Puto in banana leaf liner
Course Dessert, breakfast
Place of origin Philippines Benin Togo
Serving temperature hot, warm, or room temperature
Main ingredients Rice
Variations puto bumbong
Food energy
(per serving)
587[1] kcal
  Media: Puto

Puto or Ablo/Abolo is a type of steamed rice cake usually served as snack or as accompaniment to savory dishes such as dinuguan or pancit in Philippine/West African cuisine and believed to be derived from Indian puttu of Kerala]/[Cuisine of Tamil Nadu origin. It is eaten as is or with cheese and/or grated fresh coconut, or as an accompaniment to a number of savoury viands (most notably, dinuguan).


The most common shape of the putuhán or steamer used in making puto is round, ranging from 30 to 60 centimetres (12 to 24 in) in diameter and between 2 to 5 centimetres (0.79 to 1.97 in) deep. These steamers are rings made of either soldered sheet metal built around a perforated pan, or of thin strips of bent bamboo enclosing a flat basket of split bamboo slats (similar to a dim sum steamer basket). The cover is almost always conical to allow the condensing steam to drip along the perimeter instead of on the cakes.

A sheet of muslin (katsâ) is stretched over the steamer ring and the prepared rice batter poured directly on it; an alternative method uses banana leaf as a liner. The puto is then sold as large, thick cakes in flat baskets called bilao lined with banana leaf, either as whole loaves or sliced into smaller, lozenge-shaped individual portions.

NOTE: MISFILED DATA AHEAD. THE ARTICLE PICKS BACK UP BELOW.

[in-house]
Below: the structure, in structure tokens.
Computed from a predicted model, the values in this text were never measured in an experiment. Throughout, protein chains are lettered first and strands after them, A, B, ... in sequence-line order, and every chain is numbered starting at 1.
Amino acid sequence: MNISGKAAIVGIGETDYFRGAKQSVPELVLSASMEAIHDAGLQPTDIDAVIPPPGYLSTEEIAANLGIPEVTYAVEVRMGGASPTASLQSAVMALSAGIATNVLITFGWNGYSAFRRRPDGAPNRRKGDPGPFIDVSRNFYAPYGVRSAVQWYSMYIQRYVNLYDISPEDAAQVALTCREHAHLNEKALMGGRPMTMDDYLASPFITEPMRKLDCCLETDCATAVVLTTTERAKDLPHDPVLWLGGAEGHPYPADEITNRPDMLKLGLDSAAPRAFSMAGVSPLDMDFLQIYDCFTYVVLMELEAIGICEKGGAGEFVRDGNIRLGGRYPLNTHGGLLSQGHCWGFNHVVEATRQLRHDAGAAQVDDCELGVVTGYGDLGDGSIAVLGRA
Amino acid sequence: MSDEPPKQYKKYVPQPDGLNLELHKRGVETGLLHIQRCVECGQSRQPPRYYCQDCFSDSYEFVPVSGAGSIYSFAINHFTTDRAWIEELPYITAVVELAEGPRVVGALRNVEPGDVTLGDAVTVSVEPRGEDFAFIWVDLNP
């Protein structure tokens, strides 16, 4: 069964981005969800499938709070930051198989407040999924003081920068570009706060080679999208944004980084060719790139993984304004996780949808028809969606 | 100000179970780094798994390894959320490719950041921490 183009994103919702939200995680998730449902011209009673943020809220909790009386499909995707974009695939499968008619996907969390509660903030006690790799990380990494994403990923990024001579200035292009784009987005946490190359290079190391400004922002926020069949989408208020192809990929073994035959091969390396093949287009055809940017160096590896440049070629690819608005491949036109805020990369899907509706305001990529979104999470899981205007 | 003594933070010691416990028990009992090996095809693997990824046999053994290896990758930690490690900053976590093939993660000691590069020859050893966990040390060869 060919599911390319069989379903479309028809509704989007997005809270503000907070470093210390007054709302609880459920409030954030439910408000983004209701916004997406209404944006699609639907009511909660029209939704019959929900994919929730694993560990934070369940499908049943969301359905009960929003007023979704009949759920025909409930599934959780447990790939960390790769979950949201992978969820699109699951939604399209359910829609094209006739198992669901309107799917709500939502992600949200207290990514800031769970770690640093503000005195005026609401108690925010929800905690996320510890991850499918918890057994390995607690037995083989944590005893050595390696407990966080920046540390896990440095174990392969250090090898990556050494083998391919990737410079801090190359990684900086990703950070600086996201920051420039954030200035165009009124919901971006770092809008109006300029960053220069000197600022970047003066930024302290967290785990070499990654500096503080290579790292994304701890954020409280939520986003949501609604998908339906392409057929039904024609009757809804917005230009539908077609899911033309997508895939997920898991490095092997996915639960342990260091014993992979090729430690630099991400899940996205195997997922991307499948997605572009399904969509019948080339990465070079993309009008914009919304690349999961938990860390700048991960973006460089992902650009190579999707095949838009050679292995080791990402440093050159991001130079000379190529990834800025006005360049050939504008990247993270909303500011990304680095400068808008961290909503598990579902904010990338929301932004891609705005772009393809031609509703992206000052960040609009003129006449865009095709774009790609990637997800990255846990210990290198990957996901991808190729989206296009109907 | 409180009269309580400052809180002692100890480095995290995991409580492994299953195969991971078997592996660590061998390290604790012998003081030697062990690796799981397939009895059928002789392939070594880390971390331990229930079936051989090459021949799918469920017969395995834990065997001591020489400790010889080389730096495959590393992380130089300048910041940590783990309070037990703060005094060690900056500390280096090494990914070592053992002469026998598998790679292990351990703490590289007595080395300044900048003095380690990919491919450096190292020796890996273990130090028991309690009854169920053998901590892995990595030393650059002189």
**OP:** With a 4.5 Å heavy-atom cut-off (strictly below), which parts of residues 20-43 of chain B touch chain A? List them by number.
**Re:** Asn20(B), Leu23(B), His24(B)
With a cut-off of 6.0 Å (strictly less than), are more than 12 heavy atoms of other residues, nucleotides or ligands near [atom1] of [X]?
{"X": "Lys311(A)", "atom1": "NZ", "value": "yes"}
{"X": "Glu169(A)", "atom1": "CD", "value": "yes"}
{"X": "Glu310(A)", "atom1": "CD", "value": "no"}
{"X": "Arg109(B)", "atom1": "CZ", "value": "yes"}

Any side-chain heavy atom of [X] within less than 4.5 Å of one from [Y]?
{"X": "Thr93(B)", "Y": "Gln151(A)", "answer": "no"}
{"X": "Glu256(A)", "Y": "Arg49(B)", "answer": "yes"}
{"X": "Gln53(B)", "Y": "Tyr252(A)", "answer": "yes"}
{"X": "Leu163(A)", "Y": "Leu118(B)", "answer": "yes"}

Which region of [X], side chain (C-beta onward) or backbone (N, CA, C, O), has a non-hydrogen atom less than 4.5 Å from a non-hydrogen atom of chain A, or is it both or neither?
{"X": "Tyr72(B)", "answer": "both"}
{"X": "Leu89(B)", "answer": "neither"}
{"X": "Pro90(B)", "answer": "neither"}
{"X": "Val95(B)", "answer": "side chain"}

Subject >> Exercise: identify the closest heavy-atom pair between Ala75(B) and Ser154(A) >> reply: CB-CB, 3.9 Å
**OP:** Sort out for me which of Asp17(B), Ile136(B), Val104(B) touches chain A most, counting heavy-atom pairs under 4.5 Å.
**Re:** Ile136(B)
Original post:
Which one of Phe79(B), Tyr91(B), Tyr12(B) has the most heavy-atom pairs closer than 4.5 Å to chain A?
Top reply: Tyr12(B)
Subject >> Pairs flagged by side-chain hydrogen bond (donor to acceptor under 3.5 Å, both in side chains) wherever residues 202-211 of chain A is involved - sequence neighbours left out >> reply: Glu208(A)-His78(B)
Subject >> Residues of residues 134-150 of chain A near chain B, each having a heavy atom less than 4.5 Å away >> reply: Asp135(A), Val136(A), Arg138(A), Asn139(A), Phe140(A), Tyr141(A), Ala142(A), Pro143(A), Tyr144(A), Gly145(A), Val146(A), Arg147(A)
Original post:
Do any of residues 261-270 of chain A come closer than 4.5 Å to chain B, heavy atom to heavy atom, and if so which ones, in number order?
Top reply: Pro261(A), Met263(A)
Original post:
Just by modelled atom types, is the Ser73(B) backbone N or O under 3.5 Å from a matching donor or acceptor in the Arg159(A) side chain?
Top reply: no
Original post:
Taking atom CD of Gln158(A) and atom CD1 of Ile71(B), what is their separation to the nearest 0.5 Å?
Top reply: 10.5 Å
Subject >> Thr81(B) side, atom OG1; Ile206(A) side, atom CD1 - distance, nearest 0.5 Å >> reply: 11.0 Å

The traditional method takes time, although most of it involves inactive waiting periods. The process spans three to four days from the initial rice soaking to taking the finished product out of the steamer.

Taste and texture

Properly prepared puto imparts the slightly yeasty aroma of fermented rice batter with a light whiff of anise. It should be neither sticky nor dry and crumbly, but soft, moist, and with a fine, uniform grain. The essential flavour should be of freshly cooked rice, but it may be sweetened a bit if eaten by itself as a snack instead of as accompaniment to savoury dishes. Since most puto as cooked in the Tagalog-speaking regions may contain a small quantity of wood ash lye and are sometimes steamed and served on banana leaves, some puto aficionados seek these subtle flavours in well-made, traditional puto.

In the last few decades, home cooks and mass producers have experimented with variations in the shape, texture, flavouring and colour of puto. Shortcuts and poor-quality ingredients might have prompted some cooks to introduce foreign flavourings such as vanilla or unusual hues such as pink and electric green to compensate for deficiencies in the pastry's traditional qualities.


While puto is a common food throughout the Philippines, there are numerous variations by area and family. It is common knowledge that the best-tasting rice is that which is newly harvested followed by rice from the previous harvest, and a common method to improve its flavour is to include a knot of Pandanus amaryllifolius (pandán, "screwpine") leaves in the pot. However, since there seems to be common agreement that aged rice is more suitable for making puto, this fresh flavour is therefore absent and it is necessary to use water in which pandán leaves have been steeped.

The most common version of Puto Recipe is the one shaped like Cupcakes with a log of Cheese on top. Puto comes in a variety of flavors and colors. The most popular ones are the Cheese Flavored Puto and the Salted Egg-Topped Puto. During special occasions in the Philippines, one might see some Puto without the Cheese on top and what’s left is the groove from it[2]